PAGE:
Some of my readers likely think I spend too much time on business issues in networking, preferring that I talk about revolutionary technology. Well, if the Founding Fathers had been stranded on a desert island through the late 1700s all their revolutionary precepts would have done is inspire birds, fish, and maybe turtles. Revolutions depend on revolutionary ideals, but also on a real framework for those ideas to operate. Business, in networking, is that framework and we have more proof of that today. We also have proof we’re hiding in the basement of networking’s future instead of basking in the penthouse.
I probably get a dozen emails or comments a month from people who tell me that Google is the next networking giant, and they often get pretty upset when I blow off the viewpoint. Google, they say, is branching out into selling handsets, selling broadband, bidding on mobile services. Hold onto your hats, Google is taking us to the stars. Baloney. I said when Google bid on the mobile licenses that it was just pressuring the operators, and they were sure to cast their bid not to win. I said that Google’s vaunted broadband was carefully dodging any major commitment, and no such commitment has been made. Now we see, in the latest story, that Google is looking to get out of the handset business. What can we learn here, besides perhaps taking everything we hear with a grain of salt?
That business drives things in the business world, is what. Any good business-school student can analyze the handset players, the network operators, and Google side by side and they’ll tell you that Google has a very low financial tolerance for making investments that generate a small return or a high “first cost”, meaning the investment needed to get to break-even on something. Google is in the ad business for the same reason that Facebook is in the ad business, which is that consumers like free stuff, the Internet is incrementally free to ride on, and return on investment is relatively high. Network operators, even handset vendors, aren’t in that kind of business so it would be terminally stupid for Google to jump into such a space. Wall Street would punish them when the truth was known.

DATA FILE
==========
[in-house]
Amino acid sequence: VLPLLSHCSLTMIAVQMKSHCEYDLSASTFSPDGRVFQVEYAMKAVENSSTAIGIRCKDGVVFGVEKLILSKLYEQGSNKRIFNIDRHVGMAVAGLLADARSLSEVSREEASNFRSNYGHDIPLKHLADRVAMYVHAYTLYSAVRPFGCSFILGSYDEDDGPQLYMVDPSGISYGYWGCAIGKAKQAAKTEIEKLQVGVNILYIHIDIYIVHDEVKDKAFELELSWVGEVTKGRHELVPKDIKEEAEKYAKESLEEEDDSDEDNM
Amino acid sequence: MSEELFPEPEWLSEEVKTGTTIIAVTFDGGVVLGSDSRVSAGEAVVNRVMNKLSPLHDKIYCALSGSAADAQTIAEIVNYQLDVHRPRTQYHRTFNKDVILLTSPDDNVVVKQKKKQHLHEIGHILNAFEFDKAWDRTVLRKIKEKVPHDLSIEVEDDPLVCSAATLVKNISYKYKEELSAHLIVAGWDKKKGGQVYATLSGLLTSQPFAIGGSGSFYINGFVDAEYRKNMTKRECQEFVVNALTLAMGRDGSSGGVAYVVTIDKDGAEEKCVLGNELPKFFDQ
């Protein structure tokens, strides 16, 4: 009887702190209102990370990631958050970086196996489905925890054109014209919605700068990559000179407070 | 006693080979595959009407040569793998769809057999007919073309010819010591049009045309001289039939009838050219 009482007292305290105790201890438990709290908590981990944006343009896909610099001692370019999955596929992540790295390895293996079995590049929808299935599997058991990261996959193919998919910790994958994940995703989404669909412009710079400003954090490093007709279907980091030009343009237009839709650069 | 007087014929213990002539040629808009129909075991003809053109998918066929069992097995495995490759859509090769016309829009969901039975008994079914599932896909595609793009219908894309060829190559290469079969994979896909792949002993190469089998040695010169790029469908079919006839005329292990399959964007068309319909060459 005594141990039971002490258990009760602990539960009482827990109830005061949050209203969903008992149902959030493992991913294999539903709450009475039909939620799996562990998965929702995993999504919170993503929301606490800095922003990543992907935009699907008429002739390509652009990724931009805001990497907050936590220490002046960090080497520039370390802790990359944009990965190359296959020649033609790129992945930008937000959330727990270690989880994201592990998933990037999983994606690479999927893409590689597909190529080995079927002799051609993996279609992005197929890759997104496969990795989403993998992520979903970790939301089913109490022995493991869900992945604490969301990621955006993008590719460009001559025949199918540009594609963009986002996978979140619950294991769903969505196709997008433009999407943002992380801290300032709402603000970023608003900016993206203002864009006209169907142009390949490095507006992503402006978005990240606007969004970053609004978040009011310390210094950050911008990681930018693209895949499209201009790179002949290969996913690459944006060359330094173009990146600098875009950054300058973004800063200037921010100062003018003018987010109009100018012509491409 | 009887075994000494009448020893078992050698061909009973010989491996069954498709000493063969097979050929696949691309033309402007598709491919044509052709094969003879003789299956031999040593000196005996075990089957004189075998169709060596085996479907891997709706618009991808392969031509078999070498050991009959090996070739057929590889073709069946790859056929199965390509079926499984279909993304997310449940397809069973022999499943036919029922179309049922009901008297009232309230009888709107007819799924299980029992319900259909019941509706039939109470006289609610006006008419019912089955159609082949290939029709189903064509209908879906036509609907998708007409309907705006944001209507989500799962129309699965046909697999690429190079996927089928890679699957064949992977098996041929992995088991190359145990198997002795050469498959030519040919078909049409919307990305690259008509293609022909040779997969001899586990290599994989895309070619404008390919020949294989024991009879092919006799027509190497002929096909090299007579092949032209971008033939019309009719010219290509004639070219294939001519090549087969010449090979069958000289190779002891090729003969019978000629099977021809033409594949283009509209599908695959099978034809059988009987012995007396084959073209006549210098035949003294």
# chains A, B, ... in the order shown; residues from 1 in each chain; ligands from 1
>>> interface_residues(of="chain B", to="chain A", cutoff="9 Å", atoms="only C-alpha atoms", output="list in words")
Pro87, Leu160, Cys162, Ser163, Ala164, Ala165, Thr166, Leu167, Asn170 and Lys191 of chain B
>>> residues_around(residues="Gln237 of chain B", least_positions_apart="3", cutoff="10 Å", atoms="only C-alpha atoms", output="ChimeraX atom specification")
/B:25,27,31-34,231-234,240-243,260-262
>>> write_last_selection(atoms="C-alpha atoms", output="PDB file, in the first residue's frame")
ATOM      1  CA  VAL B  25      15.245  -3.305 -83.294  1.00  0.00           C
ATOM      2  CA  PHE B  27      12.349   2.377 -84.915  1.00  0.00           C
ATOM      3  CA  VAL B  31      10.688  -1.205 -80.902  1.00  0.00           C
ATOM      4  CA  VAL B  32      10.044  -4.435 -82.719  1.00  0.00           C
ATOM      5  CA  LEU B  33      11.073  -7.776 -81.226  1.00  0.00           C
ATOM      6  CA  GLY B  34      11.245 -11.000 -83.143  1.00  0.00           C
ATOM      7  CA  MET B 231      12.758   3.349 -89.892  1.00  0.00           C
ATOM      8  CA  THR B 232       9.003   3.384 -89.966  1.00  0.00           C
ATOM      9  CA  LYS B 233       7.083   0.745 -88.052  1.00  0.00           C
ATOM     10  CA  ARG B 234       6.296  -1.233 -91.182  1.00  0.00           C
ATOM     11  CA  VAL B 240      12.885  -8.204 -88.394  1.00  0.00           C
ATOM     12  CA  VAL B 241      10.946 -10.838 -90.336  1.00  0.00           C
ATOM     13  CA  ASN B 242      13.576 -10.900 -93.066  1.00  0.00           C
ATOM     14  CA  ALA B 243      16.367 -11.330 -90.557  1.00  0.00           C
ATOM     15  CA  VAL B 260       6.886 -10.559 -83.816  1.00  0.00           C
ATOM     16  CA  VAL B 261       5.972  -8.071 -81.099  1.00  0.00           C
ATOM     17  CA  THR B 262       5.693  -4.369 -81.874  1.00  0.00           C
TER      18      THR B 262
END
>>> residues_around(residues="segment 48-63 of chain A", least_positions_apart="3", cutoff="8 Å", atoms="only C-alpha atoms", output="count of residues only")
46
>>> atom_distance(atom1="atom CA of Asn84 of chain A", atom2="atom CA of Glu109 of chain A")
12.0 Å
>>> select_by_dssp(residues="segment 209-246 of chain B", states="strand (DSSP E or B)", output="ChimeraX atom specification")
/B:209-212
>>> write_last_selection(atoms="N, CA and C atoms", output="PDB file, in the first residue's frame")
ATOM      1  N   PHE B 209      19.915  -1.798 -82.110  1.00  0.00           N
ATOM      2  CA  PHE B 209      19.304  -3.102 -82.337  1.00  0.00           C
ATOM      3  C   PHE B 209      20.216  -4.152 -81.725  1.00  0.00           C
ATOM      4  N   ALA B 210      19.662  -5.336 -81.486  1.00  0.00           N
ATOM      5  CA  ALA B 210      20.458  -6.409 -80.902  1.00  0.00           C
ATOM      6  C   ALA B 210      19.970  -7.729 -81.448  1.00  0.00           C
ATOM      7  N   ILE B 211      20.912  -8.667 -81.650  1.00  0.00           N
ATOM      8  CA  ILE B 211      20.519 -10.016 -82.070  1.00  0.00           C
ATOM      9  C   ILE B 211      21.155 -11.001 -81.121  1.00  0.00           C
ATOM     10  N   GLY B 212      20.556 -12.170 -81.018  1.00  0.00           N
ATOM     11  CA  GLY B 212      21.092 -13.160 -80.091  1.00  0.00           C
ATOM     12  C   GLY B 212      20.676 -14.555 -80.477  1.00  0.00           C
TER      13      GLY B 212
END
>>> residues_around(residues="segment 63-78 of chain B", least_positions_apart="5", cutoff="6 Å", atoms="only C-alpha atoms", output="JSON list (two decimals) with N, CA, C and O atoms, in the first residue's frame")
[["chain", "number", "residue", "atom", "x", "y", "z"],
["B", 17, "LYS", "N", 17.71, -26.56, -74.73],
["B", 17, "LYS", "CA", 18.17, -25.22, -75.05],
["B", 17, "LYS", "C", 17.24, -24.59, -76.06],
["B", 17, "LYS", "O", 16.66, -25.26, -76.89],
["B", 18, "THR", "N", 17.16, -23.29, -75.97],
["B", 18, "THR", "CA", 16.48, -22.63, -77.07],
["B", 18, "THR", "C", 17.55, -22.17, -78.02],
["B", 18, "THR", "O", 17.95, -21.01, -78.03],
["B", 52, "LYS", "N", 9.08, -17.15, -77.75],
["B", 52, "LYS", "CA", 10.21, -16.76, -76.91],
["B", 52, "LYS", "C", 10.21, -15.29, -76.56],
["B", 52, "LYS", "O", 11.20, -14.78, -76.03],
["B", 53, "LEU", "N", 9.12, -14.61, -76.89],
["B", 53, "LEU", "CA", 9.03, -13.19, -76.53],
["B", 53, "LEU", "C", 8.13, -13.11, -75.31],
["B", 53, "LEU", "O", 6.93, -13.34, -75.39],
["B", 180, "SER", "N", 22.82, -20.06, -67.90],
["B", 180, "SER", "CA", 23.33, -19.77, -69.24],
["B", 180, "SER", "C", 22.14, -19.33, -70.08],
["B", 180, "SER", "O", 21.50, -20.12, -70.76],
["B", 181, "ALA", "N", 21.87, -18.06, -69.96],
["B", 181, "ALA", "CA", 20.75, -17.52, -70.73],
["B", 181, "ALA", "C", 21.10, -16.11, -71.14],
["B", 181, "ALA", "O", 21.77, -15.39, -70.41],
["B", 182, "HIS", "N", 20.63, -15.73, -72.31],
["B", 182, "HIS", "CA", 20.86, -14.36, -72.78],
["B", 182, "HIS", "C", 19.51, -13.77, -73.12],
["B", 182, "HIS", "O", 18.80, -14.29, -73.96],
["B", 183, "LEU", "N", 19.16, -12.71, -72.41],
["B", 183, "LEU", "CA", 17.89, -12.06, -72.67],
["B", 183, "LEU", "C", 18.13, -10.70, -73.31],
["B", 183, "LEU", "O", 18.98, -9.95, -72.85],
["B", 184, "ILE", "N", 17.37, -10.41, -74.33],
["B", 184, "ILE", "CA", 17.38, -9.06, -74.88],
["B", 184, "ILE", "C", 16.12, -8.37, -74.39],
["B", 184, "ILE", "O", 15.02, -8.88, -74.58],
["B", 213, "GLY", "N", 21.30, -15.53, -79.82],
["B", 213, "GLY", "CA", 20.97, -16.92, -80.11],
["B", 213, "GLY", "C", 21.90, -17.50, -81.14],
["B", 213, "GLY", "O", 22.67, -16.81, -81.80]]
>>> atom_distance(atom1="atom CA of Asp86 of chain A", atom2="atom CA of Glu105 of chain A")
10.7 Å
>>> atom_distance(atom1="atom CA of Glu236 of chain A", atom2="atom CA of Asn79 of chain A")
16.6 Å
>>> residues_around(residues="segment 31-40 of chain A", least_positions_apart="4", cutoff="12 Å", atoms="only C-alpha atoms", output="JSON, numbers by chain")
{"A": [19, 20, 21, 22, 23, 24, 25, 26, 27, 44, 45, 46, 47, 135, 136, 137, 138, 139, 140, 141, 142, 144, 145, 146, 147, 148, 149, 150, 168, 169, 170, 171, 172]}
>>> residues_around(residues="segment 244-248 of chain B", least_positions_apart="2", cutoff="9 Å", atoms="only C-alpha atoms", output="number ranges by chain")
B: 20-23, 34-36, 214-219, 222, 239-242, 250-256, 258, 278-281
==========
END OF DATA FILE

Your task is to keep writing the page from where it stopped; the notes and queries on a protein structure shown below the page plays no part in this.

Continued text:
Which it is now. Look at IBM selling its x86 server business to Lenovo. Look at the reports of “sales war” in Oracle driven by the need to build profit on a per-product basis. What we are seeing in the business of tech is continued signs that companies are being driven to create near-term financial success even if it means courting longer-term collapse. Business units would happily grow their own revenues and profits by 5% even if it cost the company 25% overall. The tech ship is sinking and everyone’s stepping on the others’ heads to get into the lifeboats.
Look at the VC space. We can raise hundreds of millions to fund a social network company despite the fact that every single one of the companies of this type have boomed and busted. People used to ask who would be the next Cisco, but today nobody cares because success in actually building network equipment would take too long. We have a universally short horizon on expected returns and it’s hurting.